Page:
But perhaps no generic product has had a greater impact on consumer costs like generic drugs have on the nation’s medical bill. Affordable generic drugs have kept medicines within reach of millions even as overall health costs spiral upward. Today, almost 8 in 10 prescriptions nationally are filled with generics, and that number will only grow as more drugs become available in generic forms.
So it is mind-boggling that, on the cusp of a major federal expansion of healthcare where one agency (Health and Human Services) is looking everywhere for health cost savings, another agency (the Food and Drug Administration) is considering a change that could drive up the cost of generic drugs, perhaps by billions of dollars.
The change: FDA is considering abandoning its requirement that generic drugs carry warning labels identical to those on name brand equivalents.
So perhaps it isn’t that mind-boggling when one considers that the biggest proponents of this change are trial lawyers, not doctors or pharmacists.
Generic drugs are possible thanks in large measure to the 1984 Hatch-Waxman Act, which ensures generic drugs’ safety and affordability by requiring generic manufacturers to duplicate the effectiveness and labels of FDA-approved brand name drugs. Congress’ “sameness” requirement allows generic drugs to come to market without duplicating costly research and monitoring systems.
Hatch-Waxman did not simply reduce development costs for generics. It also ensured that generic products would be freely substitutable with brand-name drugs. By cutting costs and allowing substitution, Congress created a system that lowers prescription drug costs for consumers.
For nearly thirty years, the FDA has interpreted Hatch-Waxman to prohibit generic drug manufacturers from using labels different from the name brand equivalent. The U.S. Supreme Court affirmed this in two recent cases, PLIVA, Inc. v. Mensing and Mutual Pharmaceutical Co. v. Bartlett, by finding that generic manufacturers must replicate FDA-approved brand name labels.
The law is clear. But the problem for plaintiffs’ lawyers is that this clarity makes it harder to pursue lawsuits against generic drug makers. With Congress unlikely to change the law and the Court’s position clear, plaintiffs’ lawyers have moved to Plan B: pressure the FDA to change its labeling rules.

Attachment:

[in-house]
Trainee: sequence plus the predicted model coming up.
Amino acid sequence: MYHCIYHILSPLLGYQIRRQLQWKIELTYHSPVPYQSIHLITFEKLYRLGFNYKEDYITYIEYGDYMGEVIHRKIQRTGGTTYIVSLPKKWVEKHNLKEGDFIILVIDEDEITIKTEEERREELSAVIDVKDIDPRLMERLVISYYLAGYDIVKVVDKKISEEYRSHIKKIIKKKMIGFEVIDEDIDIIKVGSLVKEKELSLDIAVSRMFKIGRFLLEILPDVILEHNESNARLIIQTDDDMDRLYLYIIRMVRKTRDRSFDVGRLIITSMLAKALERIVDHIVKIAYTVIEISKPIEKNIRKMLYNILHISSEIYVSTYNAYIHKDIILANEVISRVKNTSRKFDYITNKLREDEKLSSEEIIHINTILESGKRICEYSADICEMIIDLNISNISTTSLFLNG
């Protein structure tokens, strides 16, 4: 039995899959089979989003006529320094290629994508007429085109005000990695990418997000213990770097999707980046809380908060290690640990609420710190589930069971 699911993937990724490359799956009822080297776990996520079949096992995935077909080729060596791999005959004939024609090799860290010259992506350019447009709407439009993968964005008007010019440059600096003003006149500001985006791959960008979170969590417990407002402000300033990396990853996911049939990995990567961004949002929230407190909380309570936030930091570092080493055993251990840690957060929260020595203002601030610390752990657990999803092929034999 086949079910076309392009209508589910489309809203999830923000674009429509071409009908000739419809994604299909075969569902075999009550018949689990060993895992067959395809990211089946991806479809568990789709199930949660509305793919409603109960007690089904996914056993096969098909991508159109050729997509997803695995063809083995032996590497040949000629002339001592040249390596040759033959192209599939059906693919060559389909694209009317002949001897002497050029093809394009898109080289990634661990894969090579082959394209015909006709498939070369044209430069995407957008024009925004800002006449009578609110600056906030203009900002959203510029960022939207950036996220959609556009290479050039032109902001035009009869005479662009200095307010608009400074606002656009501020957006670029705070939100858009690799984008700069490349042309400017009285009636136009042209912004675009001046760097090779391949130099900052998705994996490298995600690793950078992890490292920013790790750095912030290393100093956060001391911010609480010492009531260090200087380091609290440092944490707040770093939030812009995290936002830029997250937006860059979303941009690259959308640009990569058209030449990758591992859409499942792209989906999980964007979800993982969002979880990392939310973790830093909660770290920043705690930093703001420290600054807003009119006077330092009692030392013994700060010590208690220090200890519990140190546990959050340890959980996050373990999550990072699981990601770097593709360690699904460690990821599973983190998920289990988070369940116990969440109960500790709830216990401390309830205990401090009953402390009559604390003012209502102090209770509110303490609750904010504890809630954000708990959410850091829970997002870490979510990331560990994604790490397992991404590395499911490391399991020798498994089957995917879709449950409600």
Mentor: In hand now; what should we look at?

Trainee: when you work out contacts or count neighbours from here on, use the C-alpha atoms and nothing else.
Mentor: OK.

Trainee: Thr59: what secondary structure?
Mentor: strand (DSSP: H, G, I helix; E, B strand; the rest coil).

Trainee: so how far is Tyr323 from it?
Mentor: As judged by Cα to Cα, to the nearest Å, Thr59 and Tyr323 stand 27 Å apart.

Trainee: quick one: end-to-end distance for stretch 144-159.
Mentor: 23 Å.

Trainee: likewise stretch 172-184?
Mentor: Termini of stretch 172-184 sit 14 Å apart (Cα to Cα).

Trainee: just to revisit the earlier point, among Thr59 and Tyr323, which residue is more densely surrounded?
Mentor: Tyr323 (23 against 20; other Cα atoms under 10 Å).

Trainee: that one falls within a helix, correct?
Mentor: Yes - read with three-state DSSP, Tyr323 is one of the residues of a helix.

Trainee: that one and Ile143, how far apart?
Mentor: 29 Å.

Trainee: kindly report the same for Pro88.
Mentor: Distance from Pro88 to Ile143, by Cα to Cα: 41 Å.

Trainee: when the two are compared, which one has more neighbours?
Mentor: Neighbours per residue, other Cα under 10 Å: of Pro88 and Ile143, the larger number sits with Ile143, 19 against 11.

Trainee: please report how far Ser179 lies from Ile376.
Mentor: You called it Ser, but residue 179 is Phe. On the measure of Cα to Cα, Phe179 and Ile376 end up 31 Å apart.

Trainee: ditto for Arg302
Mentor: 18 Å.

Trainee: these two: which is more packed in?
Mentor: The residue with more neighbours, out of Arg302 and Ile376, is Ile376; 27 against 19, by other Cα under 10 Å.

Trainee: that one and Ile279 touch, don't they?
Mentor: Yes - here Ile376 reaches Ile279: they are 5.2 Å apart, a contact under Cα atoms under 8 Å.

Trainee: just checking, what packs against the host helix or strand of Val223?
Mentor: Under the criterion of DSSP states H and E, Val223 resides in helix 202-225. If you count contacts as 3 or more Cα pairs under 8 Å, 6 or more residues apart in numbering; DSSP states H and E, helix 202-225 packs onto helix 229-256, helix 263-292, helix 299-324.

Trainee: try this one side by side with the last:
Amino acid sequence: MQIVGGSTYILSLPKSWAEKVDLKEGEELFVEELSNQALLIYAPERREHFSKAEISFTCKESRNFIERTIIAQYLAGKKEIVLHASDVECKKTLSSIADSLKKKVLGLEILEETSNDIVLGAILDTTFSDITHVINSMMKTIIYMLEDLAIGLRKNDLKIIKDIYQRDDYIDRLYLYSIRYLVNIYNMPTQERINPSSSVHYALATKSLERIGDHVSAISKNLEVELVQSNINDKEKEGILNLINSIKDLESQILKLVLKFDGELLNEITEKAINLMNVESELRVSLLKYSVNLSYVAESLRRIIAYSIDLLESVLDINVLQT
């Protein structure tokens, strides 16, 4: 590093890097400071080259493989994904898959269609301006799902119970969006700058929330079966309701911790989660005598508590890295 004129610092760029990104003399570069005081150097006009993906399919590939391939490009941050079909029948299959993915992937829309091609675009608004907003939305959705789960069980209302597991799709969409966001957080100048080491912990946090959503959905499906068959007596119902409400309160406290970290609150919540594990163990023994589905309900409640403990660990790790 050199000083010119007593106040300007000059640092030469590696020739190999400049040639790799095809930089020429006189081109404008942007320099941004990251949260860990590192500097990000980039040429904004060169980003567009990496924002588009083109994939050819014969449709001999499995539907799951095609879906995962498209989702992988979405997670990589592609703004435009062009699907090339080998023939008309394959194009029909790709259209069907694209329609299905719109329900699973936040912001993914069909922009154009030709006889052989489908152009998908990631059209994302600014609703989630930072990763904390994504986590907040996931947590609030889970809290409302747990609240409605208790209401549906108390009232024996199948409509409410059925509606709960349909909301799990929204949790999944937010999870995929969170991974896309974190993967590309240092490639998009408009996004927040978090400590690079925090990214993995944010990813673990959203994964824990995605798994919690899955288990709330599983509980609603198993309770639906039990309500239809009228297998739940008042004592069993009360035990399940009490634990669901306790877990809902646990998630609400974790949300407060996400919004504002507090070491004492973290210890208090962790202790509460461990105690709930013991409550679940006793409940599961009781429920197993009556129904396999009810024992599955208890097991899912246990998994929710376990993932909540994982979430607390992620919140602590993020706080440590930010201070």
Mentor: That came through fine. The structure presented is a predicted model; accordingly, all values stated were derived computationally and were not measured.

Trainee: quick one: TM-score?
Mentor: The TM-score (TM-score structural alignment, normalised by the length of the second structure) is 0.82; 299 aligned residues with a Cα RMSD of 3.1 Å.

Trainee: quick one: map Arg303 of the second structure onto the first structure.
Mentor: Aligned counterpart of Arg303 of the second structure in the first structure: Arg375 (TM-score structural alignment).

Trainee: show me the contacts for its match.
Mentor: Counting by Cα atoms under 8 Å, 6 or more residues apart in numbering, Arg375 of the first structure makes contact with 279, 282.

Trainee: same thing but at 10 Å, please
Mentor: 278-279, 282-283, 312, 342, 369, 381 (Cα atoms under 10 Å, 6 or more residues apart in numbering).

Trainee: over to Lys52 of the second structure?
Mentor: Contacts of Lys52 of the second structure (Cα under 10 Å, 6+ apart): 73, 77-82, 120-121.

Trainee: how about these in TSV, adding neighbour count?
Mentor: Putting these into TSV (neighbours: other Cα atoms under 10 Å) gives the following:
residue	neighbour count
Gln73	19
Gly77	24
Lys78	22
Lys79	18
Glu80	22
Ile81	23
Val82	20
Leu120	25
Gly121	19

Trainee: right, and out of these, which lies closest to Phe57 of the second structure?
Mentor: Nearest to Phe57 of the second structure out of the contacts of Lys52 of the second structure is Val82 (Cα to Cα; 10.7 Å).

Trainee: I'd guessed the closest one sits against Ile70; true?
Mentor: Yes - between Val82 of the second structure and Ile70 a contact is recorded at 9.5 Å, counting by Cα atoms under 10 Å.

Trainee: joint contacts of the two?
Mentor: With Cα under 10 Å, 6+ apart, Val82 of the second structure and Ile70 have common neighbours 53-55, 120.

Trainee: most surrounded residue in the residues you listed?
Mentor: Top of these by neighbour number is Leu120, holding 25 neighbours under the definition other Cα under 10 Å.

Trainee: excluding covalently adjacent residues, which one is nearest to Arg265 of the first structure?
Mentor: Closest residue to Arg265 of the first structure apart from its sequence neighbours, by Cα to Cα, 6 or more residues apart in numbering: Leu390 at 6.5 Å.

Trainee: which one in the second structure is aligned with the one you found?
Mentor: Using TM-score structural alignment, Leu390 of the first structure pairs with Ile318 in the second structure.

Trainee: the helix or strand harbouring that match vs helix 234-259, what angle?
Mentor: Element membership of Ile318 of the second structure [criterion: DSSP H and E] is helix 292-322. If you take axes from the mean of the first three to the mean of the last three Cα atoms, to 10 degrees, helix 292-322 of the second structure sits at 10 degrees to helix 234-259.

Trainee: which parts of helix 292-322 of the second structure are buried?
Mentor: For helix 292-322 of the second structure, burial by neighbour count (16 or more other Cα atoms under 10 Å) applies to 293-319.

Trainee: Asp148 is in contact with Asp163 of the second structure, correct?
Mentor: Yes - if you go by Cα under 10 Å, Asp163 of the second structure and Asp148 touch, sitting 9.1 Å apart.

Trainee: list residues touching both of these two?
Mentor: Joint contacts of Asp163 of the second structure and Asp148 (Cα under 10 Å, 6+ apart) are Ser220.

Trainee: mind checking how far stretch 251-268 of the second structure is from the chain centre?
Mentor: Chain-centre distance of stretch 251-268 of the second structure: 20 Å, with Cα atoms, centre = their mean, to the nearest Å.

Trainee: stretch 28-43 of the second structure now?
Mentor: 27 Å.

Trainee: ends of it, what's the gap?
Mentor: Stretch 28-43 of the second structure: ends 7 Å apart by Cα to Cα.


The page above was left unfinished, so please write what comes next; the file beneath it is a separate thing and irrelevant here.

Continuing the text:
Their efforts must be working, as the FDA announced this summer that it intends to propose a new rule that would allow generic drug manufacturers to change their labels without prior approval.
The proposed change will make warning labels inconsistent and confusing for consumers. Identical drugs could have different warning labels from multiple manufacturers.
The proposed change would force generic manufacturers to conduct costly research and create a structure to assess their labels, which will in turn lead to higher drug costs. But the real cost increase will come from a torrent of lawsuits alleging the generic labels are somehow inadequate.
The FDA figures that in 2010 generics alone saved Americans about $158 billion. That’s an average of $3 billion a week. An FDA rules change will certainly mean a higher bill at your local pharmacy. But it also means that the world’s largest purchaser of drugs, the federal government, will pay tens of billions more on its drug bill.
The U.S. drug market is a carefully balanced ecosystem of name brand drug manufacturers, who invest in creating new life-improving and life-saving drugs, and generic drug manufacturers, who provide proven medicines to millions of Americans. An FDA generic labeling rule change will benefit a few plaintiffs’ lawyers, at the cost of higher drug prices for millions of Americans.
Since generic drugs make up a major share of government drug expenditures, any increase in the cost of all drugs – generics and name brands – will cause health costs to rise significantly. More expensive drugs would not only mean higher costs for Americans at the pharmacy, but also a huge hit to the American taxpayer’s pocket.
That should make everyone sick.
Rickard is president of the U.S. Chamber Institute for Legal Reform.